In 1843 three brothers, Jesse, Lindsay, and Charles Applegate and their families, joined the emigrants who traveled the Oregon Trail. Times had been hard back home in Missouri. Prices of pork and other stock had fallen so low, there was no point taking them to market. Yet that suffering did …
King Burial and a Letter
This manuscript consists of two separate documents that were copied by a researcher in 1925. The first is a description of funeral services for Solomon King, who died in 1913. The second is a letter written on April 1, 1846, by King’s brother and sister-in-law, Stephen and Mariah King. This letter contains an interesting description of the ill-fated Meek party, which attempted to find a shorter route to the Willamette Valley in the summer and fall of 1845.
The disastrous story of the “Lost Wagon Train of 1845,” as it came to be known, began in August 1845, when a massive wagon train consisting of over 1,000 people, nearly 200 wagons, and several thousand head of livestock arrived at old Fort Boise near present-day Parma, Idaho. The emigrants hired a mountain man by the name of Stephen Meek to guide them along what he claimed was a short-cut to the Willamette Valley. Meek assured the weary overlanders that his route would be 150 miles shorter than the old route, which headed northwest from Ft. Boise over the Blue Mountains. The emigrants’ decision to try the new route was encouraged by reports of Indian hostilities along the main road.
The wagon train rolled out of old Ft. Boise on August 23, heading west along the Malheur River. The road was good at first, with plenty of grass and water for the livestock, but it quickly turned dry and stony. On August 30, Samuel Parker, one of the leaders of the train, wrote in his journal: “Rock all day pore grass more swaring then you ever heard.” The train slowly made their way across the high desert, sometimes going days without water. On September 3, John Herren complained in his diary that Meek appeared to be lost and that “Some talk of stoning and others say hang him. I can not tell how this affair will terminate yet….”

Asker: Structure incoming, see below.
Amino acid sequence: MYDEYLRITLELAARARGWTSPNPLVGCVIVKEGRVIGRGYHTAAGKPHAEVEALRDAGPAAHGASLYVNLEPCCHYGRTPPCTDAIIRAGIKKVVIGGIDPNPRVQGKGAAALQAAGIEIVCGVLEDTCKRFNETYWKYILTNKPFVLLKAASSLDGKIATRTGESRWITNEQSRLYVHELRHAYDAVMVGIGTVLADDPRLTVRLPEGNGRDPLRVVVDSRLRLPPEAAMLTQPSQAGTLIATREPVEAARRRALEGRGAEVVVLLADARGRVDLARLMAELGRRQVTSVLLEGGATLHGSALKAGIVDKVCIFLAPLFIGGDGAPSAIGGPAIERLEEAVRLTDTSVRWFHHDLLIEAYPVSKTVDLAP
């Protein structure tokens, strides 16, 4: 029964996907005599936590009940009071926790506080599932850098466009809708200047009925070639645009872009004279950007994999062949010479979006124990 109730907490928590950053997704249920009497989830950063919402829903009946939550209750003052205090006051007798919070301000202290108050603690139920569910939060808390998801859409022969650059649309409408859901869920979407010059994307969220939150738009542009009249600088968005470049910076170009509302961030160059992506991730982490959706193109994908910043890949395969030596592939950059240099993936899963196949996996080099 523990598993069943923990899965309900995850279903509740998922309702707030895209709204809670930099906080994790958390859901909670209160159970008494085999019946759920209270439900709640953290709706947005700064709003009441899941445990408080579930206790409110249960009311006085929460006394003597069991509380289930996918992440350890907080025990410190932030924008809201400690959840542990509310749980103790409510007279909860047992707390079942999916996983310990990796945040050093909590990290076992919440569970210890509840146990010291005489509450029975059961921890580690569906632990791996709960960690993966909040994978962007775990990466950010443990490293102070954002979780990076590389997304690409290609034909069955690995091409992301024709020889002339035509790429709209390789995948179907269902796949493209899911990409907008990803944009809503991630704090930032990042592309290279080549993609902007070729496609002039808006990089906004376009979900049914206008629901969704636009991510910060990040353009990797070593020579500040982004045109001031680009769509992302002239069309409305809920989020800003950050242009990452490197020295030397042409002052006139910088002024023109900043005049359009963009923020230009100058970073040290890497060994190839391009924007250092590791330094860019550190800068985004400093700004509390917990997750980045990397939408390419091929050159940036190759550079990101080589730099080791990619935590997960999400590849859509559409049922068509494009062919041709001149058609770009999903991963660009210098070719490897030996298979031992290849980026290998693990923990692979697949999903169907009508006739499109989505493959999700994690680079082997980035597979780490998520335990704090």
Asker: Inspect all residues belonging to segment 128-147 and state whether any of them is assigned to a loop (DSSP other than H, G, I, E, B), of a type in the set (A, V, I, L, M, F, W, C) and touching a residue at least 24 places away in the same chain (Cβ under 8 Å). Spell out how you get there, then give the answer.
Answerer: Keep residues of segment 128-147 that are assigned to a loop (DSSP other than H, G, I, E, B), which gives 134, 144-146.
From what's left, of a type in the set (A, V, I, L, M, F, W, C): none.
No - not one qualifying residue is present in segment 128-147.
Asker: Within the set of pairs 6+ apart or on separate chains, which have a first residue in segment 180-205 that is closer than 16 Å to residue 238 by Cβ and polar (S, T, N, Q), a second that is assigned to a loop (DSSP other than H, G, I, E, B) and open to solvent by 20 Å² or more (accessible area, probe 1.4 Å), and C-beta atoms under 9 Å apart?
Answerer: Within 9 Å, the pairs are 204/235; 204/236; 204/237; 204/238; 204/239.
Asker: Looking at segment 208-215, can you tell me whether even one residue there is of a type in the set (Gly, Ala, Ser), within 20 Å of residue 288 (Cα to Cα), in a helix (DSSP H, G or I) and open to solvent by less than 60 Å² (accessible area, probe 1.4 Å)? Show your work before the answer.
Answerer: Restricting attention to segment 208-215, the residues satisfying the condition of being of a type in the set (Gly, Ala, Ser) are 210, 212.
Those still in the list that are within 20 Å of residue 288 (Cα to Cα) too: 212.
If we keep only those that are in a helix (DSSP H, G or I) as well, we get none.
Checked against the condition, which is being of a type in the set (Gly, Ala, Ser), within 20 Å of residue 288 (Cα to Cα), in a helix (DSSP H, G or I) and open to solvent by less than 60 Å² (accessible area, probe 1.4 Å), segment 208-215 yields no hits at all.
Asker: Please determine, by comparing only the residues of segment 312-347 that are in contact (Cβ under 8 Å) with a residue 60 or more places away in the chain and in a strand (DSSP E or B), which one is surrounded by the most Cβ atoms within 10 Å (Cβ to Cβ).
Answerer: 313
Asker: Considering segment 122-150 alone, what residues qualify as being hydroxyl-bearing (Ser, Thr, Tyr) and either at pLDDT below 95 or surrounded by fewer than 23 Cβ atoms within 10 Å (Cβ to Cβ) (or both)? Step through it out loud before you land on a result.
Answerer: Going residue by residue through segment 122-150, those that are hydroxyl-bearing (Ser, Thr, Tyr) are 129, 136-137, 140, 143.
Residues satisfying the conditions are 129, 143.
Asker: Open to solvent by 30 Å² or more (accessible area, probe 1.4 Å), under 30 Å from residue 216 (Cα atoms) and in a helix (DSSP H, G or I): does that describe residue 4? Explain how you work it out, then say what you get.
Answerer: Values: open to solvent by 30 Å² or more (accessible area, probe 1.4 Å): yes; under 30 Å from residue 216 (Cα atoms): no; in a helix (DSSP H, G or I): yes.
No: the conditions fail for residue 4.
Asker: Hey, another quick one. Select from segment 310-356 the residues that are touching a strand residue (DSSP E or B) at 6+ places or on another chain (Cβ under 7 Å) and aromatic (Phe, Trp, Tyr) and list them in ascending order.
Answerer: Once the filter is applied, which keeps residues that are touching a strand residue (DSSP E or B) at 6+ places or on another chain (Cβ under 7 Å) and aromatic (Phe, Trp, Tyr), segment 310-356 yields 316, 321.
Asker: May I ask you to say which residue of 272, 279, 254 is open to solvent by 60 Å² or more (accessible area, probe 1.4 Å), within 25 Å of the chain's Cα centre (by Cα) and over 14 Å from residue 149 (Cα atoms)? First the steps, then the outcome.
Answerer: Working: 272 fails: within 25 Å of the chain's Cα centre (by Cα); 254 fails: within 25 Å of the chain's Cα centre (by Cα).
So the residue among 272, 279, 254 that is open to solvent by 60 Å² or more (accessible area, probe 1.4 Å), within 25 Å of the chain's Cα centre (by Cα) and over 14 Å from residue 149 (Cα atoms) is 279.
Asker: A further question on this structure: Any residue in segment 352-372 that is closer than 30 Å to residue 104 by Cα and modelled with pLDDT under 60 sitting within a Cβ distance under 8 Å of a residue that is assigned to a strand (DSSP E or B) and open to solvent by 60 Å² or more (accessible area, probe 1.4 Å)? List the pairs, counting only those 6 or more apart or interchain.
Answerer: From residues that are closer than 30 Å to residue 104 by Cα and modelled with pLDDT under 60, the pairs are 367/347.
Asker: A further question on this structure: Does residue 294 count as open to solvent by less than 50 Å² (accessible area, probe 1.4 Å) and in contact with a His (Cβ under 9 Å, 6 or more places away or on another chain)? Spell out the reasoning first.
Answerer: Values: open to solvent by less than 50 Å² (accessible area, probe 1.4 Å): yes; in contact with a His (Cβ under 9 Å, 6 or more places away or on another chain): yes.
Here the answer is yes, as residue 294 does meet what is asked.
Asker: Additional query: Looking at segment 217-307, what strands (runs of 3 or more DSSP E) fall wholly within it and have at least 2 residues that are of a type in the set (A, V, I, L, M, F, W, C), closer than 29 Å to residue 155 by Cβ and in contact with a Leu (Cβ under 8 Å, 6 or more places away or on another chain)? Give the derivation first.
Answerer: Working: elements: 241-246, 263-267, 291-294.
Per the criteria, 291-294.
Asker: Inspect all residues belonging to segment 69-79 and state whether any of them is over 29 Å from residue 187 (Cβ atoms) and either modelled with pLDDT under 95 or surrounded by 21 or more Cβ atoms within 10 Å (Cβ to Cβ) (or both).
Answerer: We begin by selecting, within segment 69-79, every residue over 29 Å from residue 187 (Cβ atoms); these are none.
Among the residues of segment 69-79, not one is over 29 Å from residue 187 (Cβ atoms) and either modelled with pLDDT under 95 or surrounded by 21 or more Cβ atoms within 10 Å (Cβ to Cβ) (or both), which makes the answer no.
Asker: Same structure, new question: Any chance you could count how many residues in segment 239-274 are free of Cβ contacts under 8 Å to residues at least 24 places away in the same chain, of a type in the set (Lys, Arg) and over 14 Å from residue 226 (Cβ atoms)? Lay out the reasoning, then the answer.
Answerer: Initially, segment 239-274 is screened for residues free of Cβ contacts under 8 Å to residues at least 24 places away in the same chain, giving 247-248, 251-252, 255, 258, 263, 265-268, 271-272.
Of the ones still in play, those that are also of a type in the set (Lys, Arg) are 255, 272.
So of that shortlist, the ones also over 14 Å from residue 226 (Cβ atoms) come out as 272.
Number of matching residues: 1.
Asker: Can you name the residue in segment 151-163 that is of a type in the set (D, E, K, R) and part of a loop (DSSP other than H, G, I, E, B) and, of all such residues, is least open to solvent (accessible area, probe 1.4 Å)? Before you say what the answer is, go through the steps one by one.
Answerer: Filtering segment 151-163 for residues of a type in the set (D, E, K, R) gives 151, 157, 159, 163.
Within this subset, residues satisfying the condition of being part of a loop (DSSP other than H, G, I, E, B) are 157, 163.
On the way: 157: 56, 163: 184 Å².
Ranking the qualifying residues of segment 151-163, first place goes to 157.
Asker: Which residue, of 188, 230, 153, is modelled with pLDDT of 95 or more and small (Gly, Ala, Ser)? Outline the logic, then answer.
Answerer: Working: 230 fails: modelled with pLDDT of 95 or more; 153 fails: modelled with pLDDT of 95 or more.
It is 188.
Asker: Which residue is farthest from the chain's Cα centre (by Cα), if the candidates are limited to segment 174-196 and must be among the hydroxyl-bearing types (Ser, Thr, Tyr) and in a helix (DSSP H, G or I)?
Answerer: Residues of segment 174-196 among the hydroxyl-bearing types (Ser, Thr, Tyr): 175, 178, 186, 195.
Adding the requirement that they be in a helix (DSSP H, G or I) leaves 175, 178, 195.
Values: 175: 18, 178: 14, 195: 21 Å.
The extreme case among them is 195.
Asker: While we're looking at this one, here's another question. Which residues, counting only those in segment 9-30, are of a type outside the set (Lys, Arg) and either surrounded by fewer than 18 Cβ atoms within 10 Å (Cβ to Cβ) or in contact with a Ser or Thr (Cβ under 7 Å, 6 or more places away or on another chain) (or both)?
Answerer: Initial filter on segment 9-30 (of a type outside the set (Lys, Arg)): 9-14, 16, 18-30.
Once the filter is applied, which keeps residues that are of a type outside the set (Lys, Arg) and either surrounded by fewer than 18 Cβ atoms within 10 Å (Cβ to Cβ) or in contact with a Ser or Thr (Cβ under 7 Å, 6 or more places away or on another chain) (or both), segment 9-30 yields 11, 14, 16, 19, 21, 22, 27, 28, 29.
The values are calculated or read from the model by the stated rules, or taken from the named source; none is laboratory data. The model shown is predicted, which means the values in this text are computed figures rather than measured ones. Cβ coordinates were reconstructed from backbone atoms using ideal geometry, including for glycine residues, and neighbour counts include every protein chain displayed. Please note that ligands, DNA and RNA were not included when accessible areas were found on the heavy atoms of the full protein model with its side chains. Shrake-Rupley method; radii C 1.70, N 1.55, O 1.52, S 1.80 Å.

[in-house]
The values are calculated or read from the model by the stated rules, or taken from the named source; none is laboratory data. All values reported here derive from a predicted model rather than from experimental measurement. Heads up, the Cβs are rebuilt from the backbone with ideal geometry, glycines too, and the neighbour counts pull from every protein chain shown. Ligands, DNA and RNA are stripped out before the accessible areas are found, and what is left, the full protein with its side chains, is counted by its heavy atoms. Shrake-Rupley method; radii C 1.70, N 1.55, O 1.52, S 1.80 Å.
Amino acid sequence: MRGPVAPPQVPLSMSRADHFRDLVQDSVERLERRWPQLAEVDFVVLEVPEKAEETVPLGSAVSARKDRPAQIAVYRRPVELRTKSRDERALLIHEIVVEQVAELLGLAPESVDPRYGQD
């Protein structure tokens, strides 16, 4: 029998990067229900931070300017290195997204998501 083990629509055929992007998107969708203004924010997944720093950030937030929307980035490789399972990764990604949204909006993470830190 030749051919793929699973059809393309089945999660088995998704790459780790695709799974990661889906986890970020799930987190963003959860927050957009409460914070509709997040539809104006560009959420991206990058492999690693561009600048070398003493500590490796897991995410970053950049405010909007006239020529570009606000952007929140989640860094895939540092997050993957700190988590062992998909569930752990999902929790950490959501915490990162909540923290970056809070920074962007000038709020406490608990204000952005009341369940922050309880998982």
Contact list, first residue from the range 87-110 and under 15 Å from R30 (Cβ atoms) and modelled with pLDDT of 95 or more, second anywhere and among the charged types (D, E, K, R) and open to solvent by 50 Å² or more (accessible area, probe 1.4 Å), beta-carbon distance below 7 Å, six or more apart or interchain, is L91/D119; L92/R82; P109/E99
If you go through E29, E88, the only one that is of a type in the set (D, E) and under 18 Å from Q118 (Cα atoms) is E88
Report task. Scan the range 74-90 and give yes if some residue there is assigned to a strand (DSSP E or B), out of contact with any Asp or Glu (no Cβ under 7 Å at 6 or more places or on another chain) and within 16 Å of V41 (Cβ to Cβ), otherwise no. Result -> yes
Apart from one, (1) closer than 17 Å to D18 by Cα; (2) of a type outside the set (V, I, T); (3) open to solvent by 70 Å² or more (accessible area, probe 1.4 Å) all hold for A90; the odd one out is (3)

Some of the exhausted emigrants began succumbing to disease, including whooping cough, measles, consumption, and what the Kings described as “a slow, lingering fever.” After six weeks of hard travel across the desert and over several mountain ranges, the wagon train finally arrived at The Dalles, though Meeks had fled several days before, apparently fearing for his life. The Kings estimate in the letter reproduced here that “upwards of fifty died on the new route.”
The Meek Cutoff was one of the greatest disasters to befall emigrants in the history of the Oregon Trail, and Meek’s name would be cursed for years afterwards. Nevertheless, the search for a cutoff across the high desert would persist for nearly two decades, though most overlanders would continue to follow the main emigrant road across the Blue Mountains.
Boyd, Robert G. Wandering Wagons: Meek’s Lost Emigrants of 1845. Bend, Oreg. 1993.
Clark, Keith, and Lowell Tiller. Terrible Trail: The Meek Cutoff, 1845. Caldwell, Idaho, 1966.
Menefee, Leah Collins, and Lowell Tiller. “Cutoff Fever.” Oregon Historical Quarterly 77, 1976: 308-340.
Written by Cain Allen © Oregon Historical Society, 2005.
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This entry was last updated on March 17, 2018